An Australian restaurant came up with a solution for keeping kids off their phones, but it unveils a bigger problem.
There’s been an viral image shared on social media these last few days that many parents can relate to. The photo depicts the sad reality for many families today.
It seems innocent enough at first glance. It’s a couple out with their teenage daughters. The dad looks victorious, as he gives a thumbs up. The daughters, however, look pretty glum as they stare longingly at their phones that are stored in a makeshift cage on the table. The reason? The restaurant offers a 10% discount to patrons who don’t use their phones throughout their meal.
This is a whole mix of genius, generosity, and sadness.
While the restaurant is generously providing their customers with the opportunity to engage with each other, it’s sad that it has to happen at all.
Growing up, the idea of going out for a family meal was such a treat. Moms and dads were freed from kitchen or work duties, allowing them to focus entirely on the kids. In return the children would be busy chatting with each other and their parents, and perhaps arguing over the drink order. It was a time of conversation and fun.
But eating out has become such a norm for many lucky kids these days that they don’t feel the same level of appreciation or excitement. They’re also so busy posting photos of their meals, or themselves eating those meals, on social media that the outing becomes more of an opportunity to attract followers than it is to enjoy the actual food, let alone time with their family.
But don’t be disheartened. If this is happening in your own family — especially with teens — here are a few handy tricks.
1Restrict your eating out
Lots of teens don’t want to be seen out with mom and dad, but the idea of a tempting burger from a favorite restaurant can lead them to change their minds. However, you don’t want to have to blackmail your child to have a nice family meal with you. So one idea: reduce the number of outings so a trip to the restaurant becomes a privilege.
Even though you’ll have to cook more, you could use the money saved from not going to a restaurant to buy a wholesome ready-made meal that can be heated up in no time. This helps you if you’re tired after a long week at work, and it encourages kids to appreciate those meals out with mom and dad.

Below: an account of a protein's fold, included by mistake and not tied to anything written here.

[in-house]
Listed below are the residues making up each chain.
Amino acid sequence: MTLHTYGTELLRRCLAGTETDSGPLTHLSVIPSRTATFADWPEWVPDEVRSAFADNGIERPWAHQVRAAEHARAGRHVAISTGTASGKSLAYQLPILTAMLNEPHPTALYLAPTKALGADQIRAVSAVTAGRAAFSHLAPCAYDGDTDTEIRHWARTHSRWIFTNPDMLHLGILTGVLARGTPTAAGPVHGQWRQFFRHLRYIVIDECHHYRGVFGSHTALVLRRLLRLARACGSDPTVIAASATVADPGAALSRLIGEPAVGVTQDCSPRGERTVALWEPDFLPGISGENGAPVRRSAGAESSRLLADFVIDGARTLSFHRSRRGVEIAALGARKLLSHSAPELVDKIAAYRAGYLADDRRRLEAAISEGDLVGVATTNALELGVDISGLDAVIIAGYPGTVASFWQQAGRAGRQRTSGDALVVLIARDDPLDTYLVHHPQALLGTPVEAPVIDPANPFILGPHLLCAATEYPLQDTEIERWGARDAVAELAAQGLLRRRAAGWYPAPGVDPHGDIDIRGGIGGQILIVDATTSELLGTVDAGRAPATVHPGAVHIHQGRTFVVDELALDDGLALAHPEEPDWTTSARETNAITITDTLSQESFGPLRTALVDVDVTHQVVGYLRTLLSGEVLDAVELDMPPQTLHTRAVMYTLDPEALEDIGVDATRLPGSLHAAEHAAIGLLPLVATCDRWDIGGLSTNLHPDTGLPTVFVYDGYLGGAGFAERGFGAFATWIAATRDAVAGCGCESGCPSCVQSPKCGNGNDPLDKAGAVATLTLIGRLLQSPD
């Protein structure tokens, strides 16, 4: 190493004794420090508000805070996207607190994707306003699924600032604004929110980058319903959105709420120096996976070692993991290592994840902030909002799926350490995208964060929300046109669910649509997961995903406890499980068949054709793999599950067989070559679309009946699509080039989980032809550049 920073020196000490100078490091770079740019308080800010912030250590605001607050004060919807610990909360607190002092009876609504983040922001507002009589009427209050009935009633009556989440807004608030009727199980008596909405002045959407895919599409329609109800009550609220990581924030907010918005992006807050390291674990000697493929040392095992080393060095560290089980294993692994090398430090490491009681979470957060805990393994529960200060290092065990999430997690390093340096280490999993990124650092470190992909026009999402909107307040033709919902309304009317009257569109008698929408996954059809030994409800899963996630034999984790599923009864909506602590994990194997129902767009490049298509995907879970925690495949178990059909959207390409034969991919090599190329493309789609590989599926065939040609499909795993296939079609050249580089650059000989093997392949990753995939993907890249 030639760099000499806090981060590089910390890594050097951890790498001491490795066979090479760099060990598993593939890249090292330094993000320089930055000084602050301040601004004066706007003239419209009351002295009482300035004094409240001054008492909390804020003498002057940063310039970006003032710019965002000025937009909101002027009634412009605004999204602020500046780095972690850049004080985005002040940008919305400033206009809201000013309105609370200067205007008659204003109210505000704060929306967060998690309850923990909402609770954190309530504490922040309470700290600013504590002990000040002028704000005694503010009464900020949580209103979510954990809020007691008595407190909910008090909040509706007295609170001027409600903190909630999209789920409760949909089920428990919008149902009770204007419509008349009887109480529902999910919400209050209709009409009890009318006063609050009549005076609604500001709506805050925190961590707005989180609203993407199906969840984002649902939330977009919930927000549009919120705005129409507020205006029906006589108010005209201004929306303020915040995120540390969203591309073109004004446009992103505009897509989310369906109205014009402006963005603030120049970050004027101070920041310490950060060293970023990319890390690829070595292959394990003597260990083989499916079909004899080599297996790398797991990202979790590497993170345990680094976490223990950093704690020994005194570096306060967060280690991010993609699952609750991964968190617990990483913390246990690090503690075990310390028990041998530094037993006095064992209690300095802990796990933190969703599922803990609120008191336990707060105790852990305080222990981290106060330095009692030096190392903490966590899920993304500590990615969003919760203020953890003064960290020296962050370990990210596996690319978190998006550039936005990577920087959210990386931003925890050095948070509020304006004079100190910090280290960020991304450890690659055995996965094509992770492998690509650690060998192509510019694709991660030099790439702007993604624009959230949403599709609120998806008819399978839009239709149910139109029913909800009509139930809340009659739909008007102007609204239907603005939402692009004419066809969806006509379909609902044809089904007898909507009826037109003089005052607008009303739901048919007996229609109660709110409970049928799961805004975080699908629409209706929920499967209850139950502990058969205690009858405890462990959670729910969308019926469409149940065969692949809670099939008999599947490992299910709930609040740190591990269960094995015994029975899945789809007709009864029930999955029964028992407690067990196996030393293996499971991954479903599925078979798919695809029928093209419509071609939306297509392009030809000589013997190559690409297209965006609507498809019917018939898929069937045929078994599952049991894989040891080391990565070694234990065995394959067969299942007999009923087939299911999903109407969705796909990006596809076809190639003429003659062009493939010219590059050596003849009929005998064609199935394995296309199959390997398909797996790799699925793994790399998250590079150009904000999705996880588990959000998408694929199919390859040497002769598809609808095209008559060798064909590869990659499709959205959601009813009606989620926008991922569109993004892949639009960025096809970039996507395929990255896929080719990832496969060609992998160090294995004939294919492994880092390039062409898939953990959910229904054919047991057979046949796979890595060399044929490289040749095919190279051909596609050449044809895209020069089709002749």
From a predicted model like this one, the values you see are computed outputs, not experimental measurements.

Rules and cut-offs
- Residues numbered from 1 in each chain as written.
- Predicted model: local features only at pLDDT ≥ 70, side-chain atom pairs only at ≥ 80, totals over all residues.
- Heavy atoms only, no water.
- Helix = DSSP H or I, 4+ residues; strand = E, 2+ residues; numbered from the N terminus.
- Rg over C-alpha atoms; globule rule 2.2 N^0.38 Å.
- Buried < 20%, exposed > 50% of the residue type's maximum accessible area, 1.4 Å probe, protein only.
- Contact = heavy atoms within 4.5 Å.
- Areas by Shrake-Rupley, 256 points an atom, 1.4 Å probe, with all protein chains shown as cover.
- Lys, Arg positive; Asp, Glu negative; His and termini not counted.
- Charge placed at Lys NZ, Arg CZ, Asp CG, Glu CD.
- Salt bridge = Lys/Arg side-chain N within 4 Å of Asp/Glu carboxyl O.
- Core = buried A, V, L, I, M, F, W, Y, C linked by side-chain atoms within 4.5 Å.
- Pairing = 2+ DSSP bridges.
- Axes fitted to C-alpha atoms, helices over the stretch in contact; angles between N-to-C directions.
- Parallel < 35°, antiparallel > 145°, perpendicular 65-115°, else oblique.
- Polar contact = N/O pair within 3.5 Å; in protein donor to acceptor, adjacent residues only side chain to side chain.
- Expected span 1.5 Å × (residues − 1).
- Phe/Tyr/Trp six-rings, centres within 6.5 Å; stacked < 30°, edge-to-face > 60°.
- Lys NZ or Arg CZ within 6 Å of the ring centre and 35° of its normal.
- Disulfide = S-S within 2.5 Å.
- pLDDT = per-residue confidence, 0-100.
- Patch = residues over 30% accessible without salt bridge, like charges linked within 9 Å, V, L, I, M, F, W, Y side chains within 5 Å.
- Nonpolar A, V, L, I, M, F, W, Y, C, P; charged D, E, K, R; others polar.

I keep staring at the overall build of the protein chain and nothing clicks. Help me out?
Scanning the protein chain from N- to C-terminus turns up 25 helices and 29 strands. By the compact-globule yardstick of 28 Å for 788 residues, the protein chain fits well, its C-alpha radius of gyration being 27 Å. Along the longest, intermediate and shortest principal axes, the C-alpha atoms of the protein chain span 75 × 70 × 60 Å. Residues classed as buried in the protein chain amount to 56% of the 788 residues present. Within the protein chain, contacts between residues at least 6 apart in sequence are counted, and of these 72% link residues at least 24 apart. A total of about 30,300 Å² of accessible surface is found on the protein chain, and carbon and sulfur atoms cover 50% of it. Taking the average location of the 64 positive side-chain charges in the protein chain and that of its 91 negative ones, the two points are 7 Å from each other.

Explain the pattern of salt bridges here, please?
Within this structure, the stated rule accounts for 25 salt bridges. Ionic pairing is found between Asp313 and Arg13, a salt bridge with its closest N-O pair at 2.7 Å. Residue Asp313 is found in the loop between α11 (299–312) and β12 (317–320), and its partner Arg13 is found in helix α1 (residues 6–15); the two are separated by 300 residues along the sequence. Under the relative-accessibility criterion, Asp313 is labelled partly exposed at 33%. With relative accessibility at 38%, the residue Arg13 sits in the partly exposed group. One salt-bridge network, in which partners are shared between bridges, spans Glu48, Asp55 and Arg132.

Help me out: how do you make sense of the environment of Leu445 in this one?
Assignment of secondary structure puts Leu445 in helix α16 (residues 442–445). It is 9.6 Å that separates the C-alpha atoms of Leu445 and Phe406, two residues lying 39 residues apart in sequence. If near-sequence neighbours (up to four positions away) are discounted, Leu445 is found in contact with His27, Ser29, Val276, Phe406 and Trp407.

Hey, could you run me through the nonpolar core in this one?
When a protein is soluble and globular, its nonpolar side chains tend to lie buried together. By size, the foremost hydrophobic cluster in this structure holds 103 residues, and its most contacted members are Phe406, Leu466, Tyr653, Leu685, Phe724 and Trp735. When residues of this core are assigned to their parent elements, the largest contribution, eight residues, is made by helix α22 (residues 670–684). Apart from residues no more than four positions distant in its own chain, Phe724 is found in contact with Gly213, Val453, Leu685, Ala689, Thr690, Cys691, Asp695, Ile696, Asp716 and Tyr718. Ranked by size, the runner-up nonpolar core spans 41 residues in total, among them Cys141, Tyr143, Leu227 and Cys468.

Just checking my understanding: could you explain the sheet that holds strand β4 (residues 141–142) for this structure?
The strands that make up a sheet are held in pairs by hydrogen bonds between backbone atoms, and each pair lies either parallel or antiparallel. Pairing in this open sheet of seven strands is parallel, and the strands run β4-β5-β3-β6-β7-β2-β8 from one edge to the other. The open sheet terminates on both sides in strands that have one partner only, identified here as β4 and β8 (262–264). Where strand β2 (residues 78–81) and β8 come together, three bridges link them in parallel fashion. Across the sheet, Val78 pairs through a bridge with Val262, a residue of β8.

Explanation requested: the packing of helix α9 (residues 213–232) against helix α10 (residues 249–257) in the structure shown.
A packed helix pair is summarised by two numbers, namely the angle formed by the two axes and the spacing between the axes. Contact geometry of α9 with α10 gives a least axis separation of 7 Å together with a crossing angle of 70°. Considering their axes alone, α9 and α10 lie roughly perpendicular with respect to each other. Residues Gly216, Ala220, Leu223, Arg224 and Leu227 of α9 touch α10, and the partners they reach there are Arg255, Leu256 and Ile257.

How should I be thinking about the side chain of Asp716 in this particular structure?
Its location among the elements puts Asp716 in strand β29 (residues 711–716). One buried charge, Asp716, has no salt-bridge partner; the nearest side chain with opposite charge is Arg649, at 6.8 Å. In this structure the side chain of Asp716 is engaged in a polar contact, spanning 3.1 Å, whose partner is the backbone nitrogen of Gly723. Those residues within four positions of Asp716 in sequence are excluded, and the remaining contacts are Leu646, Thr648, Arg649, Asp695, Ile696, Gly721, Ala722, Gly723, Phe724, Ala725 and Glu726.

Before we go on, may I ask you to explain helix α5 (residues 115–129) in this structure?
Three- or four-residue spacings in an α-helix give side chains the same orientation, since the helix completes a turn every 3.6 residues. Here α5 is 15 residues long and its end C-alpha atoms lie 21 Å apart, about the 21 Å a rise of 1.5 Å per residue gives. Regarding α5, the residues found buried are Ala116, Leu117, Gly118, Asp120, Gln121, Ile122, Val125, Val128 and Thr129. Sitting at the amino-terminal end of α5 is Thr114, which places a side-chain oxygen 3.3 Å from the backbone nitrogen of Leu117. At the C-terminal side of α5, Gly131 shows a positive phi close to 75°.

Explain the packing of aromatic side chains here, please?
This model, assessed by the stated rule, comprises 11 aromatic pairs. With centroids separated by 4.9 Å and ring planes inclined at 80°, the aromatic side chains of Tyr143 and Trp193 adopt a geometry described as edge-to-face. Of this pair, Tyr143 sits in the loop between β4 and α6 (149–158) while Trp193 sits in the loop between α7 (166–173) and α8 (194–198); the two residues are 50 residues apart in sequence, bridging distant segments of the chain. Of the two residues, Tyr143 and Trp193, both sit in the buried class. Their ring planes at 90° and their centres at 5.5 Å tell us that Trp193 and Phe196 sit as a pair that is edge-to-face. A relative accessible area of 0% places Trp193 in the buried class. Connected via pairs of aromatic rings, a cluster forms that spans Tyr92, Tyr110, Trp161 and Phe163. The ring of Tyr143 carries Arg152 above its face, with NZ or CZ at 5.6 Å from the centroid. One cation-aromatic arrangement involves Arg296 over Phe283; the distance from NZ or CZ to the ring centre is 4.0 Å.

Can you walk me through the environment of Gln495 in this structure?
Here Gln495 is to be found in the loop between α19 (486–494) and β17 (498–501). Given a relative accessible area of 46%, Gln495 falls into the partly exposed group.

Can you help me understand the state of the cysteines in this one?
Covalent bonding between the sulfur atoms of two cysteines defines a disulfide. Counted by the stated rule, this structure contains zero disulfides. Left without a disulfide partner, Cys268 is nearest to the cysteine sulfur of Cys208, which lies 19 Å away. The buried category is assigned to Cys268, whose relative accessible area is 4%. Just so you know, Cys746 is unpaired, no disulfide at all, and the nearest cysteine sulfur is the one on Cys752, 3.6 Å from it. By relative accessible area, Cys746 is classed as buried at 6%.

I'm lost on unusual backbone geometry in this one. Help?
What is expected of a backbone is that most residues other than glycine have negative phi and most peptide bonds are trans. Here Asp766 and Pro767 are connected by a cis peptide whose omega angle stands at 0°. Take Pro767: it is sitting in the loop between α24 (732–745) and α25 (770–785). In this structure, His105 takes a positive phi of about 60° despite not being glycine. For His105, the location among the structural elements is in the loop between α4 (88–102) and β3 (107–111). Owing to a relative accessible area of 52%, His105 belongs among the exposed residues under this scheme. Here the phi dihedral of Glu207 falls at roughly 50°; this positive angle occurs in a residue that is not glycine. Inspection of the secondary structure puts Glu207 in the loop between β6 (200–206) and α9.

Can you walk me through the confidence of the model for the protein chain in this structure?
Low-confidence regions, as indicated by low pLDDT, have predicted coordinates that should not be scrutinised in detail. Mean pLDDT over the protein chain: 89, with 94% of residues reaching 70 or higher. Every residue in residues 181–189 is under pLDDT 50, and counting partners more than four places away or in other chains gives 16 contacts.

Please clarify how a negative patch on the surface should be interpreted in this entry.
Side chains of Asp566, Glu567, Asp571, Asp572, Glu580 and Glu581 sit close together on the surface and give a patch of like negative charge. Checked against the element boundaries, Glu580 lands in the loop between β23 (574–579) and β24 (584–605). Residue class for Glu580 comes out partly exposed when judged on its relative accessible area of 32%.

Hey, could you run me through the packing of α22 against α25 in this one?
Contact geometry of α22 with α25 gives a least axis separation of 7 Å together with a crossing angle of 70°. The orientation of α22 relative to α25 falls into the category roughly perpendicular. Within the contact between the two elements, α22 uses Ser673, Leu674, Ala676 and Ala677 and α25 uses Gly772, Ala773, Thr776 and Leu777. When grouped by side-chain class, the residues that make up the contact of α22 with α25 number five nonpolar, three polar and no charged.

2Set a restaurant date
If you are used to going out regularly and you reduce your restaurant meals, you could put a date in the calendar for your next family meal out for everybody to look forward to.
A lot of kids thrive when they know what is expected of them. If you explain to your children that you’re going out and you’d like everybody to bring a topic to the table, that will get their minds thinking and give them something to contribute to the family. The bonus is this can help build confidence and keep their minds off their phones. It can be something news related, something going on at school, future plans, or even family annoyances — if your kids are able to stay calm!
The importance of this exercise is to strengthen your family bond in a world which can be so isolating.
It doesn’t matter what age your children are, they need to respect their parents’ wishes — even if it is completely annoying. You have to make it clear before going out to a restaurant, or even sitting down for a meal at home, that the dinner table is a no-phone zone.
The problem is that many kids will be anxious about what they might be missing out on — FOMO, or fear of missing out — which can actually have a significant impact on their mental health. Here parents can offer practical help.
Encourage your children to let their friends know that they’re taking a break from phones. They can call it a “do not disturb” break, or simply “I’m busy.” It will sound as if they’re taking measures into their own hands, and it’s not mom and dad who are blocking their social life — as we all know how embarrassing parents can be!
You can also encourage them to have a certain number of these breaks per day, but especially a longer one that straddles meal time, and of course, any time they get behind the steering wheel.
5Parents: put your phones away, too!
When it comes to screens, parents need to steer clear from the popular adage, “Do as I say, not as I do.” Kids mimic behavior all the time, so give them something positive to copy.